THE Foundation of Hearts provided the match sponsorship and, at half-time, their chairman Ian Murray revealed that over 7,000 people had pledged towards fan ownership.
In the 45 minutes that had preceded that, a Jamie Walker goal had provided the foundation for the home side to build on, with every man in maroon signing up to the cause.
Despite being pegged back and going down to ten men, they still rallied enough to grab the victory and took another bite out of their 15 point deficit, moving to within nine points of second bottom club St Mirren.
It was a result all about resolve and spirit and it had the Tynecastle stands rocking in a frenzied final period, which saw penalty shouts ignored, others given, a red card, a booking for diving and a touchline rammy that led to Aberdeen manager Derek McInnes and Hearts assistant manager Billy Brown
seeing out the end of the game in the stands.
That was sparked by Hearts’ late winner and the fact the Hearts coach ended up celebrating in the away technical area, much to the fury of the Aberdeen gaffer, who apologised for his reaction.
“I’m disappointed. I’ve never seen another member of staff come right into an opposition’s technical area to celebrate a goal like he did. But as soon as I’ve put my arms on him to try and push him back I’m guilty. I’ve apologised to the referee and I feel disappointed in myself for that. Like I said, I was surprised at the reaction to it [the goal] but I should have let the officials deal with it.”
The skirmish forced referee Alan Muir to intervene and both are likely to face further punishment from the SFA, but Hearts manager Gary Locke insisted there was no enduring bad blood.
“I don’t think Billy did a lot wrong to be honest, his momentum obviously took him into their technical area. We are all passionate people and there is a lot at stake. Aberdeen have started the season well, they will be up there this season no doubt about it. We are obviously fighting a different cause, trying to fight back a 15-point reduction. It just shows what it means to myself and my backroom team and what it means to Del and Doc.
“We were obviously delighted to score a goal, we think we have been a bit harshly done by and then we end up scoring a winning goal, anybody who didn’t show passion then questions would have to be asked. If the dugout was just standing there with our hands in our pockets we would all have a problem.”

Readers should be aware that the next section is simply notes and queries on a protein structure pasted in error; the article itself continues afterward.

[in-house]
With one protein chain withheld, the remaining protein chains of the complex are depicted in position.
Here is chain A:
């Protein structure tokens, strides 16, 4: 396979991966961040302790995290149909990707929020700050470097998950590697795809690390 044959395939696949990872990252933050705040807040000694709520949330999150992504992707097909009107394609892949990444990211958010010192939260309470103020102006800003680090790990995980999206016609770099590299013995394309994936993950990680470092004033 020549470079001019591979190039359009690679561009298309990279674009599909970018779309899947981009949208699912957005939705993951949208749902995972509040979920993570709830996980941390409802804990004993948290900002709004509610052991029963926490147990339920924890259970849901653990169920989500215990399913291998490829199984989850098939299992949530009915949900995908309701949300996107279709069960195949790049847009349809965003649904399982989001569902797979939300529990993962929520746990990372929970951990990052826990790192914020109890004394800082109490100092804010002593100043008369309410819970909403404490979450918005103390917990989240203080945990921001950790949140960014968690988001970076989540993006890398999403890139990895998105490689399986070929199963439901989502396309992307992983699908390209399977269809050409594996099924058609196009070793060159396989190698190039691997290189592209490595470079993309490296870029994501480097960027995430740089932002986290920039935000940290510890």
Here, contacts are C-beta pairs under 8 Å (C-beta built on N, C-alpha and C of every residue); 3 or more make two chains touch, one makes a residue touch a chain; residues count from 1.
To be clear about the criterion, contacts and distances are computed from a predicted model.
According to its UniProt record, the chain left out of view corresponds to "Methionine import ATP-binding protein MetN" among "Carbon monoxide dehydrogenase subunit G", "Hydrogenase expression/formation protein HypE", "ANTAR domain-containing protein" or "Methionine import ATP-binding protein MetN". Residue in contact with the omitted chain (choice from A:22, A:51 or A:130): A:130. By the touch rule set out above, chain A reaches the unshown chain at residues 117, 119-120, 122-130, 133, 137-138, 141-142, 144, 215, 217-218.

It was an illustration of just how desperately both teams wanted this win. But in the end Hearts dug in deeper and were more clinical when it came to converting chances.
The opener came in the 17th minute when Jason Holt threaded a perfectly weighted pass forward for Walker to run onto and he finished with an angled drive that rendered Nicky Weaver a spectator. It lifted the home support and was a blow to the guests from up north who would have been out in front if Scott
Vernon had been more deadly in front of goal.
In the third minute he was through, but got the ball trapped under his own feet before dispatching a weak effort and seven minutes later he was profligate again, wasting another golden opportunity. But Aberdeen were still showing enough of the passing game they had impressed with in the opening games of the campaign to suggest they could come back at Hearts. They were aggrieved when calls for a handball in the area were ignored in the 30th minute, then they appealed vehemently for a penalty moments later, claiming Brad McKay
manhandled his opposite number.
But that was just a taste of the controversy still to come.
In a match that had promised to be interesting, it ended up being absolutely engrossing and in the 66th minute Aberdeen were awarded a penalty after McHattie was judged to have brought down Calvin Zola.
It saw the Hearts full-back sent off and gave Niall McGinn the opportunity to score his third penalty of the season and bring the game back to all-square.
Hearts rejigged their meagre resources, but if they were feeling disgruntled at that moment, eight minutes later they were heaving a sigh of relief when the officials decided that Peter Pawlett should be booked for diving rather than award another spot kick.
Aberdeen were the ones cursing their luck, adamant that the player had been caught, and suggesting his reputation for diving in the past had seen him unfairly treated by the referee, something Locke agreed with, admitting it probably should have been a penalty against his team.
Hearts rubbed salt in the wounds with two minutes remaining and 17 year old Jordan McGhee, who had replaced the injured Brad McKay, rose to head home the winning goal from a Callum Tapping cross.
“It was a fantastic effort from everyone, said Locke. “We go down to ten men and we are thinking that if we get a point it is a great result.
“It means everything to us. We were 15 points adrift and we are up against it, no doubt, but I think you can see the togetherness of the whole club, the players, the backroom staff, the supporters, the people who work for the club and if we keep putting in performances like that we will give ourselves a chance.”